Representatives from the California Department of Health Care Services (DHCS) responded to grueling questions from the state Legislature last week about how the department plans to fix California's Medicaid dental program, Denti-Cal.
At a hearing on Tuesday, the Joint Legislative Audit Committee, the Senate and Assembly health committees, and stakeholders discussed how DHCS plans to implement the recommendations of a December 2014 state audit. The audit found that half of the 5.1 million children enrolled in Denti-Cal did not receive dental care in 2013 and that five California counties may not have access to any Denti-Cal providers.
Despite being the DHCS director for only six weeks, Jennifer Kent faced the Legislature. She stressed that the department has heard their concerns and wants to increase transparency about the workings of the almost $1 billion program.
The department is embarking on a new 1115 Medicaid waiver to specifically target funding for new providers who agree to dedicate part of their practice to Medi-Cal patients and to existing providers who expand the number of Medi-Cal patients they see, Kent said. It is also looking into alternative care methods, such as a mobile dental van.
Kent was pressed about the department's stated timeline for implementing the audit's recommendations. Since the report was released last December, the department has only implemented one recommendation, according to Dale Carlson, the team leader at the California State Auditor's office for the audit under review.
Of the recommended changes, DHCS agreed with all except for one that asked the department to include a provider-to-beneficiary ratio as a performance measure to evaluate access and availability of dental services. Of the remaining 22 recommendations that DHCS agreed to, 15 will be implemented after July 2015, two by July 2016, and five currently do not have any implementation rates that are listed as pending or ongoing, according to Carlson's testimony.
Elaine Howle, California state auditor, disagreed with DHCS' proposed timeline, instead believing that at least two of the recommendations can be implemented sooner than July.
When specifically questioned if the recommendation to resume a regular reimbursement rates review could be expedited, Kent's response was that the department is already working as fast as it can, emphasizing that it is currently in the middle of a budget cycle.
"I think that the rate study is [expedited] to the extent that it could be expedited. I don't know if it could," she said. "I think it would be best-suited to float into next year's budget process."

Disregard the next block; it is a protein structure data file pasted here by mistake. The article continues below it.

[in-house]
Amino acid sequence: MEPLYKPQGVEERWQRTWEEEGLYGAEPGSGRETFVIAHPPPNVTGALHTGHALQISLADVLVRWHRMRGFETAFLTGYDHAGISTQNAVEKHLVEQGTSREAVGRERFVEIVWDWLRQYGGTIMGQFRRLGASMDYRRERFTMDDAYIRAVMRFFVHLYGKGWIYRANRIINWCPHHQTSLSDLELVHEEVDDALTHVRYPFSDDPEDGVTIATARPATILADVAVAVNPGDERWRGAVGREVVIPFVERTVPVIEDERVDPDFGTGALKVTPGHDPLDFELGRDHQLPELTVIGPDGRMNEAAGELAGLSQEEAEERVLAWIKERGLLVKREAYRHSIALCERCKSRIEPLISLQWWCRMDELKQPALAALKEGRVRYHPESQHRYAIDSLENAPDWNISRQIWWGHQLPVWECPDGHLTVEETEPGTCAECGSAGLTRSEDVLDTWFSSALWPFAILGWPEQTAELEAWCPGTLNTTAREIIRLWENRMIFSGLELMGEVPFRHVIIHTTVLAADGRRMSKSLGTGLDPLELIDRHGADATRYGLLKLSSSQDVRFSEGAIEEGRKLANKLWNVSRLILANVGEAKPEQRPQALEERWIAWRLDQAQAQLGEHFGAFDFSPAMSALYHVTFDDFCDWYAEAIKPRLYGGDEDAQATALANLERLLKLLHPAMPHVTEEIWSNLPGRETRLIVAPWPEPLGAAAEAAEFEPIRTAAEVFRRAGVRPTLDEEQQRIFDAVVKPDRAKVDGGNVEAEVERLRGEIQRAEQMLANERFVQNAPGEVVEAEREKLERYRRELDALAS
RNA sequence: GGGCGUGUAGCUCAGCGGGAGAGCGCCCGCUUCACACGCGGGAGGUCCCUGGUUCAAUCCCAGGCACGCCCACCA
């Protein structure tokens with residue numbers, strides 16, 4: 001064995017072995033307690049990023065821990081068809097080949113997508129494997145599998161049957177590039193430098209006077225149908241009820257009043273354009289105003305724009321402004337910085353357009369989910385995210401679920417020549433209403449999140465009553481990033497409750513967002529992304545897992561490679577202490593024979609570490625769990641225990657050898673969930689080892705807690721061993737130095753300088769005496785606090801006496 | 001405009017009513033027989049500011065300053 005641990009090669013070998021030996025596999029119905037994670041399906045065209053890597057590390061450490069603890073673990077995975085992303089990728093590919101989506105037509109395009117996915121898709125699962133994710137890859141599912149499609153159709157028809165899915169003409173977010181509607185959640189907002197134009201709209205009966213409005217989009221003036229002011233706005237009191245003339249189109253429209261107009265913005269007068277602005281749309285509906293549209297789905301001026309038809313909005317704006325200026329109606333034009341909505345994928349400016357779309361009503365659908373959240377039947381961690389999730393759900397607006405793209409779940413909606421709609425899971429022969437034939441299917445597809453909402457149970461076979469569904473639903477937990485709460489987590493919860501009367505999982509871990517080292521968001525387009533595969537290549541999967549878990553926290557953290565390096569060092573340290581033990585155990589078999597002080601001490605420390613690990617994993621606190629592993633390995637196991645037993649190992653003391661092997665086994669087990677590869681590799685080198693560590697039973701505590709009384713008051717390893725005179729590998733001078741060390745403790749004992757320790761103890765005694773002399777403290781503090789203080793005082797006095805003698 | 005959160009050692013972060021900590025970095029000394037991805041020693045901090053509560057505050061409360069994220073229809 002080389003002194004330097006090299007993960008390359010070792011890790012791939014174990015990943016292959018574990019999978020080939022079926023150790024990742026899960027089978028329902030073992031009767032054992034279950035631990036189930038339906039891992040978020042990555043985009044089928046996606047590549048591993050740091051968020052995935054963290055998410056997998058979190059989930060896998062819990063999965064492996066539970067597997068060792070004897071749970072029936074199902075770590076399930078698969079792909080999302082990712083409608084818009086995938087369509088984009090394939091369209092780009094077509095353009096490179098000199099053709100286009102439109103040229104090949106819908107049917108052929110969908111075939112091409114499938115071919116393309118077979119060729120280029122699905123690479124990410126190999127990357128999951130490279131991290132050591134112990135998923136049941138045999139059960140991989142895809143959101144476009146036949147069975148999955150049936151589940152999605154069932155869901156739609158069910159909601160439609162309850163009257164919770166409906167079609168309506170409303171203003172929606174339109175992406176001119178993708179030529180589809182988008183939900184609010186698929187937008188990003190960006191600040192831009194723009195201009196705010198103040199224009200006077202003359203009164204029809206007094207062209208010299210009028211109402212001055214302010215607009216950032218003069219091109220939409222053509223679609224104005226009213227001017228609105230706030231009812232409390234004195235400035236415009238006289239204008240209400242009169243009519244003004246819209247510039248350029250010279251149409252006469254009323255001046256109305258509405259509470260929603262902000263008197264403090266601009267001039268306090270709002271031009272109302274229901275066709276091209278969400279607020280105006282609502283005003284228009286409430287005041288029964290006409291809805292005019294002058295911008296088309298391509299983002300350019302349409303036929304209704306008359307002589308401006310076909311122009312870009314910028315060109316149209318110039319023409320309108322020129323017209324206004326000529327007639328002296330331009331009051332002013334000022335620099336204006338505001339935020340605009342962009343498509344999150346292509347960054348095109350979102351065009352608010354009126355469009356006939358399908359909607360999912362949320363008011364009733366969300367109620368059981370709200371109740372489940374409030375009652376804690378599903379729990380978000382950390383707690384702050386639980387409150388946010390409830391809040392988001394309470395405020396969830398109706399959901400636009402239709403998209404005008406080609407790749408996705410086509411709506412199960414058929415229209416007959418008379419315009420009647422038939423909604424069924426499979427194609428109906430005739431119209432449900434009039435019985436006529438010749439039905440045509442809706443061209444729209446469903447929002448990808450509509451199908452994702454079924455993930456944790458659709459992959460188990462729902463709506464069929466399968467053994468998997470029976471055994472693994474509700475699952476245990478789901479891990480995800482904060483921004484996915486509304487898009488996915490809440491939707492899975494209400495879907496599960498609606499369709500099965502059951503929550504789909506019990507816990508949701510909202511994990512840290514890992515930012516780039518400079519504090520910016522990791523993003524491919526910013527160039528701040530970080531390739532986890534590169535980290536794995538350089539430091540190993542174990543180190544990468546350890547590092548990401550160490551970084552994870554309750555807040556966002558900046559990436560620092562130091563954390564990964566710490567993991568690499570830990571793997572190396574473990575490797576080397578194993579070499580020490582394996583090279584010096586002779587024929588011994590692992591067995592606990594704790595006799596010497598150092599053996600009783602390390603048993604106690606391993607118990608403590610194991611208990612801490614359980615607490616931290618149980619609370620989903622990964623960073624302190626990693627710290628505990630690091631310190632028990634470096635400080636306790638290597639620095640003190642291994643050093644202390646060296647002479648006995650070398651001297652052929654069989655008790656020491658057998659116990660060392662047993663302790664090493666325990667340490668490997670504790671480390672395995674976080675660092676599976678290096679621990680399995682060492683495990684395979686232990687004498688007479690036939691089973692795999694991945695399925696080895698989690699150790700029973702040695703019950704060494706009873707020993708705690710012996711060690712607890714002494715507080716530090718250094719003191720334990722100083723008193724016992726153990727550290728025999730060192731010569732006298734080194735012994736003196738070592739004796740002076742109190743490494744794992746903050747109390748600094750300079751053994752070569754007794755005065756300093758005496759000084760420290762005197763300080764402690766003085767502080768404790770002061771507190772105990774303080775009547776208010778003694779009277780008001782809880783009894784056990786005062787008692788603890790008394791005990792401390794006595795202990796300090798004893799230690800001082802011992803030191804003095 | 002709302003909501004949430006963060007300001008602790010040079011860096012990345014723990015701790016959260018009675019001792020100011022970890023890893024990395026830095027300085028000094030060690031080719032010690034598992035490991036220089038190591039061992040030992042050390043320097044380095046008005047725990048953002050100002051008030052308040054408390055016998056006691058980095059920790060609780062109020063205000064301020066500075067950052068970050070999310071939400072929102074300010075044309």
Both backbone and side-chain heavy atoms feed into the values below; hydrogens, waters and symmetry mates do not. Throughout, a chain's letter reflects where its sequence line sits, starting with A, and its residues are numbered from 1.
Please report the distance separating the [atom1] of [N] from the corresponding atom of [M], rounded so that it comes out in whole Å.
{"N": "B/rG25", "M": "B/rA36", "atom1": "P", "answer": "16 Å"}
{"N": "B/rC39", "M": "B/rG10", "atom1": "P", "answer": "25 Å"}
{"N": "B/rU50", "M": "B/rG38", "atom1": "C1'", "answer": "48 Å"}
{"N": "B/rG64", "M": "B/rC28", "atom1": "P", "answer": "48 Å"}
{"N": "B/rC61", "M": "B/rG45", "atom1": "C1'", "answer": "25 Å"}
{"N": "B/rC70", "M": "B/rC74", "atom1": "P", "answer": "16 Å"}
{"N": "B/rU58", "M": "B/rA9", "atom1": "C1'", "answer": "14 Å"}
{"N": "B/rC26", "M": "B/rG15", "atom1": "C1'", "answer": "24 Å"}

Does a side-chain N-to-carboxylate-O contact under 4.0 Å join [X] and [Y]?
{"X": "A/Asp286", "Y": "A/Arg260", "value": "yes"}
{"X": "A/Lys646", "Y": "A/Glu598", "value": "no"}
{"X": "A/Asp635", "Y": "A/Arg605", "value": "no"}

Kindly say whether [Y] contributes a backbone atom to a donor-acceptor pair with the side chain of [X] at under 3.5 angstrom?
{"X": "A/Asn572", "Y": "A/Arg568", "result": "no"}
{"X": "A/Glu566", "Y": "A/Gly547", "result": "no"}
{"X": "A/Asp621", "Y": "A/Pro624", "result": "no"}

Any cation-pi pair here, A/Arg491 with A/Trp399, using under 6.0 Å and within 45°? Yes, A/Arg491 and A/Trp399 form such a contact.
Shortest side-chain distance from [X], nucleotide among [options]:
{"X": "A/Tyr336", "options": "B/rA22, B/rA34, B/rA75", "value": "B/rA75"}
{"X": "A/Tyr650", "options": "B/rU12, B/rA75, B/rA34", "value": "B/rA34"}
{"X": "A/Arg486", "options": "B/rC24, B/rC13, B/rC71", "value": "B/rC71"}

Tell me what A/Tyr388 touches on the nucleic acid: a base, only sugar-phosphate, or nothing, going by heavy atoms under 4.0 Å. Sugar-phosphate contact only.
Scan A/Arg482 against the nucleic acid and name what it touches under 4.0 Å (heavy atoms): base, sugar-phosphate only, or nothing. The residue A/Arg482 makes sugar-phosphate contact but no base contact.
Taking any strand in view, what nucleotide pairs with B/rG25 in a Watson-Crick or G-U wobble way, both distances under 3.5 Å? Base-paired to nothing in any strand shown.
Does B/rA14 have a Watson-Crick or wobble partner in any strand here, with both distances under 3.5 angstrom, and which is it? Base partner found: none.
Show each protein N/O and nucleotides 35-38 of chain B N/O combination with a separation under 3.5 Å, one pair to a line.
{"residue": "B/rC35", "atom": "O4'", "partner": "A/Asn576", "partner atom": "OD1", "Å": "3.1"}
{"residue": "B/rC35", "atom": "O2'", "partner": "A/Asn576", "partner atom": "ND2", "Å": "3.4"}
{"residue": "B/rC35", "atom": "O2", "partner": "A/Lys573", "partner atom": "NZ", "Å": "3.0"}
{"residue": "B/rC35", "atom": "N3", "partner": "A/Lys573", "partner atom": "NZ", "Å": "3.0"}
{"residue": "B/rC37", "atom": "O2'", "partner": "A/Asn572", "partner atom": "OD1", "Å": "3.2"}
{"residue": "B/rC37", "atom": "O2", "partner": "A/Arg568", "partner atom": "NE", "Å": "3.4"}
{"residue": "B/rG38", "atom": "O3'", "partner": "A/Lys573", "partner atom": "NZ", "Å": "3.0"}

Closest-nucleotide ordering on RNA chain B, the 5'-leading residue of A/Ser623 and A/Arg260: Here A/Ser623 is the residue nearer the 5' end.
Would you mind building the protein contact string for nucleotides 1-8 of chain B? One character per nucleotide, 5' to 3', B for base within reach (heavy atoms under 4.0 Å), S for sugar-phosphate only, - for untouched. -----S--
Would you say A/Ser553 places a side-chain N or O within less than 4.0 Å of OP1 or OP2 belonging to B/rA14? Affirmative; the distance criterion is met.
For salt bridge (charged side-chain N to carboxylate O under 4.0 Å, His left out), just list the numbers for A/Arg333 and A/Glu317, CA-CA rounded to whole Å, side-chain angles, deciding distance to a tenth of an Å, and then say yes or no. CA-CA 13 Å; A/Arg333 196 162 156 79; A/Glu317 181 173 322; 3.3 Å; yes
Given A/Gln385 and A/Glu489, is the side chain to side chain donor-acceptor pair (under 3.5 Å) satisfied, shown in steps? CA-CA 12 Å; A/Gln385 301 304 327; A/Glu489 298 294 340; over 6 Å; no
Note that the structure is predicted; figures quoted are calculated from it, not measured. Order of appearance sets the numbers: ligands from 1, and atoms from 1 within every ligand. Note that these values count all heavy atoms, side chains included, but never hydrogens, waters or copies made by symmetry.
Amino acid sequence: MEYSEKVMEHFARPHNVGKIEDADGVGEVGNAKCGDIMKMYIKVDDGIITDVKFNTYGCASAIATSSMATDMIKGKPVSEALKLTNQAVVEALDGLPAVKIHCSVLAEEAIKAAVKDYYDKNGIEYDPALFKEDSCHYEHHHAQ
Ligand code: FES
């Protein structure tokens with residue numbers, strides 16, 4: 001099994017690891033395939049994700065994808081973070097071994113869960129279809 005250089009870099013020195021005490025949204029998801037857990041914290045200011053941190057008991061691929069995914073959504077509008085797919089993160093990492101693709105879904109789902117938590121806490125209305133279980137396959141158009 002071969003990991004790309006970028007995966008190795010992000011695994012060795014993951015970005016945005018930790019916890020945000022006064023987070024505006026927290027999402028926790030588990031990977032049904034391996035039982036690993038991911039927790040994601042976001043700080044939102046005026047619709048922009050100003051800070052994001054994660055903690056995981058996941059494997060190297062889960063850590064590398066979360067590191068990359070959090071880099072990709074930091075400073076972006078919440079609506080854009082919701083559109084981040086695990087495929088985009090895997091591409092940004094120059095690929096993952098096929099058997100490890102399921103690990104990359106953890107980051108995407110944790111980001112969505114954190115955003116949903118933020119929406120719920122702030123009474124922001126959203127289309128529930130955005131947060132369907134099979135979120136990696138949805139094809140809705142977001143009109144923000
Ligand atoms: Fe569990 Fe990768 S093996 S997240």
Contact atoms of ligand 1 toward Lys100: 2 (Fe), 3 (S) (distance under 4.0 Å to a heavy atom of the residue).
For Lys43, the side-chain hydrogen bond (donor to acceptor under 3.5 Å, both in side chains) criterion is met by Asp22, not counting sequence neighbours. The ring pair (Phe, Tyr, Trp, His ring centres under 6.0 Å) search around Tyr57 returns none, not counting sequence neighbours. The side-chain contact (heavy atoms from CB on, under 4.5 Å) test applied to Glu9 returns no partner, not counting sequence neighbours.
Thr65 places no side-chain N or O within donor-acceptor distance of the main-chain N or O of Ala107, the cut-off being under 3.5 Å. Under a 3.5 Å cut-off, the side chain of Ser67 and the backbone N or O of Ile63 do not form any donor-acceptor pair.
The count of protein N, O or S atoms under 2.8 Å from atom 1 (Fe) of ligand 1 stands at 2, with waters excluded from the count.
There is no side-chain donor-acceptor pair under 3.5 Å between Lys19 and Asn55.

In addition to questioning Kent about the department's timeline for re-establishing the rates survey, the committee also scrutinized DHCS' decision to not implement the recommended provider-to-beneficiary ratio as a performance measure. Kent defended the department's response, saying that DHCS agrees with the recommendation, but it does not know how to implement a proper ratio for fee-for-service Denti-Cal providers.
"There's a proxy ratio that we use in managed care. ... In fee-for-service, we're not quite sure what that ratio can or should be," she said.
However in DHCS' submitted response, the department said it did not agree with the recommendation to implement the ratio as a performance measure, because it is not part of the required reporting process. When questioned why her answer before the Legislature differed from her answer on paper, Kent said that the submitted response was the simplified version of her verbal answer.
The need for an accurate provider directory and provider-to-beneficiary ratio also were echoed throughout the rest of the hearing.
Stakeholder John Blake, DDS, executive director of the Children's Dental Health Clinic in Long Beach, CA, said that the department should focus on getting accurate data about providers who take Denti-Cal patients when asked what the DHCS should immediately target.
"First would probably be making sure they have an adequate assessment of the providers and how many [patients] they can treat," he said. "Right behind that would be [reimbursement] rates."
Similarly, Assembly Member Jim Wood, DDS (D-Healdsburg), said that having the data about providers is crucial to providing adequate care.
"Who knows what our provider network really is right now," he said. "We need better metrics. I think you'll find that the network is much smaller than what the books say."
Dr. Wood also said that, although he had not been practicing, he was still listed as a provider. Kent, who looked up Dr. Wood's file, said that he signed a paper years ago that he was not accepting new members but would like to be kept on file.
"It's sometimes hard to keep those up-to-date," she said. "It's an imperfect system at best."
Kent also said that she is open to talking with Delta Dental, the private company the state contracts with to provide services and who manages the provider directory, to see if it can follow up with providers on a more regular basis.
Although the legislators understood that Kent is new to the job, the message that immediate change is needed and that the previous actions of the department were not to be tolerated was not lost on Kent.
She understood and stressed that it would not happen again under her leadership. Her department is already working on implementing 11 mandated monitoring standards and implementing a dashboard similar to Medi-Cal.
"I know the reports weren't done, and that's not an excuse, and I'm not making excuses," Kent said. "So when I say we're going to put them on track ... we're going to do them because the law says that."